After a lacklustre match between Shutt and Alok Kumar, two Englishmen, David Causier and Peter Sheehan arrived on the scene. Within minutes of the start, Causier was visibly restless, because Sheehan was collecting small breaks that was contributing more to the total than his own six visits of zeros and a couple of 11s. So it was refreshing to see Causier carve an 83 and trail by four points at 145-149.

There was no significant sign of improvement as the match entered its second hour with Causier down by 66 points. It was on the 34th visit that Causier struck form with a 98; the 40th which fetched him a good 123 points virtually made his position safe. Sheehan lost the match in the last 30 minutes. Causier became the fourth fancied player to make the quarterfinals. He will play Shutt in the round of eight.

The first day of the championship began with a well contested match between Shandilya and Russell, the latter breathing freely only late in the second hour. But the matches that followed produced little thrill. Hopefully there will be bigger breaks when the championship is played over a four-hour format from the quarterfinal stage.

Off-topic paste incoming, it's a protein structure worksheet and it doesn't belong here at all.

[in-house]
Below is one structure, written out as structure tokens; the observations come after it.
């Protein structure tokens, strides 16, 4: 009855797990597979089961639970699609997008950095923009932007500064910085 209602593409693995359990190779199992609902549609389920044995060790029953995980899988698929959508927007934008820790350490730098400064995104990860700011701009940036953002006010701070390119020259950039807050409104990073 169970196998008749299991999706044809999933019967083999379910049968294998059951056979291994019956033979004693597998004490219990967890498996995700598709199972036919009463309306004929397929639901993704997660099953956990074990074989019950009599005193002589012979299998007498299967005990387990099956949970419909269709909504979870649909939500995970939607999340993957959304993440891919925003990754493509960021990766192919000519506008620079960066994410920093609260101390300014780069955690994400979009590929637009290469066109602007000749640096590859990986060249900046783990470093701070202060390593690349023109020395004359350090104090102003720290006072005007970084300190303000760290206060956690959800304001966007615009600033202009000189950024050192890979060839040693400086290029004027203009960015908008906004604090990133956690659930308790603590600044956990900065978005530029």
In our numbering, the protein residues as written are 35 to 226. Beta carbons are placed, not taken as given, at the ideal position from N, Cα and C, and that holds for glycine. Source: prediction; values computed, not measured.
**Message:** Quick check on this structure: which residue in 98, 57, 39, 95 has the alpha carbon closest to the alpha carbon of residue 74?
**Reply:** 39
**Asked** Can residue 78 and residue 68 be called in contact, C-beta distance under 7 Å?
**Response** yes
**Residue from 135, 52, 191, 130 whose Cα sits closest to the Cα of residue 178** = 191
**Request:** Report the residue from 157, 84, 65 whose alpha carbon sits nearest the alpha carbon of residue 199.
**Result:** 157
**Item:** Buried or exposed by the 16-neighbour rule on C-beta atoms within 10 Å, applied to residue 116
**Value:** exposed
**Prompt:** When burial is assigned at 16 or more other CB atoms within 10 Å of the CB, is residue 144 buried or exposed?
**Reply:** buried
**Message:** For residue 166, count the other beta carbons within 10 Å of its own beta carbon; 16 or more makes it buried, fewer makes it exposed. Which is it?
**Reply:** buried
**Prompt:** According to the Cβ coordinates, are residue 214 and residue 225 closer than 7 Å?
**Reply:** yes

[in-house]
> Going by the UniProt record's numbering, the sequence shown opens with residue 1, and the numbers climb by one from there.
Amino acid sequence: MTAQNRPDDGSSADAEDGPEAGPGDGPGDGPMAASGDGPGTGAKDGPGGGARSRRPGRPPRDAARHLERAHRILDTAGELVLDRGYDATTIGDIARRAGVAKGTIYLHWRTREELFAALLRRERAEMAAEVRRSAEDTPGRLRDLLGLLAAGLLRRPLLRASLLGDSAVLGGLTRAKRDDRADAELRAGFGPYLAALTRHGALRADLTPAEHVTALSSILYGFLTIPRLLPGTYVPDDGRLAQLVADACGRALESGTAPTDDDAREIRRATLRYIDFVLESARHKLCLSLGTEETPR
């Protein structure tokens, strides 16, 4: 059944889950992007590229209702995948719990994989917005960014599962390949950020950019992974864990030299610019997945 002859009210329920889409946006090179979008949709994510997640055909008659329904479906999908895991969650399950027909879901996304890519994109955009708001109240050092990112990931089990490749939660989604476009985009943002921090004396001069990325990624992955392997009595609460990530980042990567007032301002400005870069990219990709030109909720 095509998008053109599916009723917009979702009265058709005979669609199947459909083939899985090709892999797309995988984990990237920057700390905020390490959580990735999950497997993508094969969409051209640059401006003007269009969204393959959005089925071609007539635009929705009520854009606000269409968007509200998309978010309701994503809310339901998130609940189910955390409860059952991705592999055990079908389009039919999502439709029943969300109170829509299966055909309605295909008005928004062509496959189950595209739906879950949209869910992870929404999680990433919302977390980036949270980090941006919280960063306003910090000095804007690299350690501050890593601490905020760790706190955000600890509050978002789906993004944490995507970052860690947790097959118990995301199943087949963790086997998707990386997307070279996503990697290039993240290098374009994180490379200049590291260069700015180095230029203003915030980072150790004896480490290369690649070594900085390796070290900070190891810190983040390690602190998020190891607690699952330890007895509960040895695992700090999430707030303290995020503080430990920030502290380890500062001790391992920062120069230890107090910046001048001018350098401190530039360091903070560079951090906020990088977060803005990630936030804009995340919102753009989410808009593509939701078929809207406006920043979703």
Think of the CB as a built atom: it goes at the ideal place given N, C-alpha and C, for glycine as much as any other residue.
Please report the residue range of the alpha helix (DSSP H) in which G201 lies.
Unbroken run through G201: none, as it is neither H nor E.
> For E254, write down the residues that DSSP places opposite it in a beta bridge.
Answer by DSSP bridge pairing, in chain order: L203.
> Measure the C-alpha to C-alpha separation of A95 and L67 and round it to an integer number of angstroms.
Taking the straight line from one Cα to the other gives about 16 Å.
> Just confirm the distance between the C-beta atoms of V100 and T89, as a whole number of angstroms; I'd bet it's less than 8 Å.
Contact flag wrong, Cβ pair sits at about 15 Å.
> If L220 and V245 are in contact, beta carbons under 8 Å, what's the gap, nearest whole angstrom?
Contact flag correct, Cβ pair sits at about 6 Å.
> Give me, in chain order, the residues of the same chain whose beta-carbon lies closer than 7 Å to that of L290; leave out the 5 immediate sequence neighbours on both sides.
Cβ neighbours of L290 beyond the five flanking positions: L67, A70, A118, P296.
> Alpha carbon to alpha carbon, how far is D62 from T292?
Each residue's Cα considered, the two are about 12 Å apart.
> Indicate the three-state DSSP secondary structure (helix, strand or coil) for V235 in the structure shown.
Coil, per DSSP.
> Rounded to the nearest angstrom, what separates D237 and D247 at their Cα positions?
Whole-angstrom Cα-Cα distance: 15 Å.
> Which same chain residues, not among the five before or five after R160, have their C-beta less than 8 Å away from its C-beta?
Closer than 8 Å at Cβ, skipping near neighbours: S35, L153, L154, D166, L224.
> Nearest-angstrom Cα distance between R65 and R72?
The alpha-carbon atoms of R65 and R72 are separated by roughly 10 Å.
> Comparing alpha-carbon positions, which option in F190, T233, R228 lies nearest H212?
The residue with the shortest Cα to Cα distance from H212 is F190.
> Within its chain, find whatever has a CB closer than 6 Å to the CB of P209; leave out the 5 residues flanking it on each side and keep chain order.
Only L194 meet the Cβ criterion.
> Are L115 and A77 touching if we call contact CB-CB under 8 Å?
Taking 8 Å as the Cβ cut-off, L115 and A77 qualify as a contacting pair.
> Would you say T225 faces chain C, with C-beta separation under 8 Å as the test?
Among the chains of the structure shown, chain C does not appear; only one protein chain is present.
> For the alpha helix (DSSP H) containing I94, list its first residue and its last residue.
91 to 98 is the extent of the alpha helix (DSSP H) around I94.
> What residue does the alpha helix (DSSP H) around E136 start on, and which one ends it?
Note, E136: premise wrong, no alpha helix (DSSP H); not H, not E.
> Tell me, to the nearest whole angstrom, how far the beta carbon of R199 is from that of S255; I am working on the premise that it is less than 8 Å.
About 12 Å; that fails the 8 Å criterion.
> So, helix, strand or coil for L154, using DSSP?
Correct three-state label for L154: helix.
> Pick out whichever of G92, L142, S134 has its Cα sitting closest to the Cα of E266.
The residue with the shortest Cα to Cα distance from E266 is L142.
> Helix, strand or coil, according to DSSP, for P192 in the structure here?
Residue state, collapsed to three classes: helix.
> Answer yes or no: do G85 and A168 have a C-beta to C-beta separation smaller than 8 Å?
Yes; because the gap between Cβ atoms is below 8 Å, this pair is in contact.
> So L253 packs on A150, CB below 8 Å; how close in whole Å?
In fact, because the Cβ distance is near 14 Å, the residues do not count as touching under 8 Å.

Russell and Shandilya were lucky that there were quite a few discerning people to see them fight it out. It was quite different in the fifth match of the day between Peter Gilchrist and Paul Bennett; the two scorers and the match referee took the head count to double digits.

lThe results (first round): Mike Russell (Eng) 649 (84, 141, 98, 187) bt Ashok Shandilya (Ind) 469 (68, 79, 77); Roxton Chapman (Eng) 473 (83, 64, 72, 79) bt Ian Williamson (Eng) 389 (152, 111 uf); Chris Shutt (Eng) 728 (54, 168, 90, 58) bt Alok Kumar 529 (80); David Causier (Eng) 732 (83, 60, 98, 123, 63) bt Peter Sheehan (Eng) 569 (80); Peter Gilchrist (Eng) 738 (124, 172) bt Paul Bennett (Eng) 337.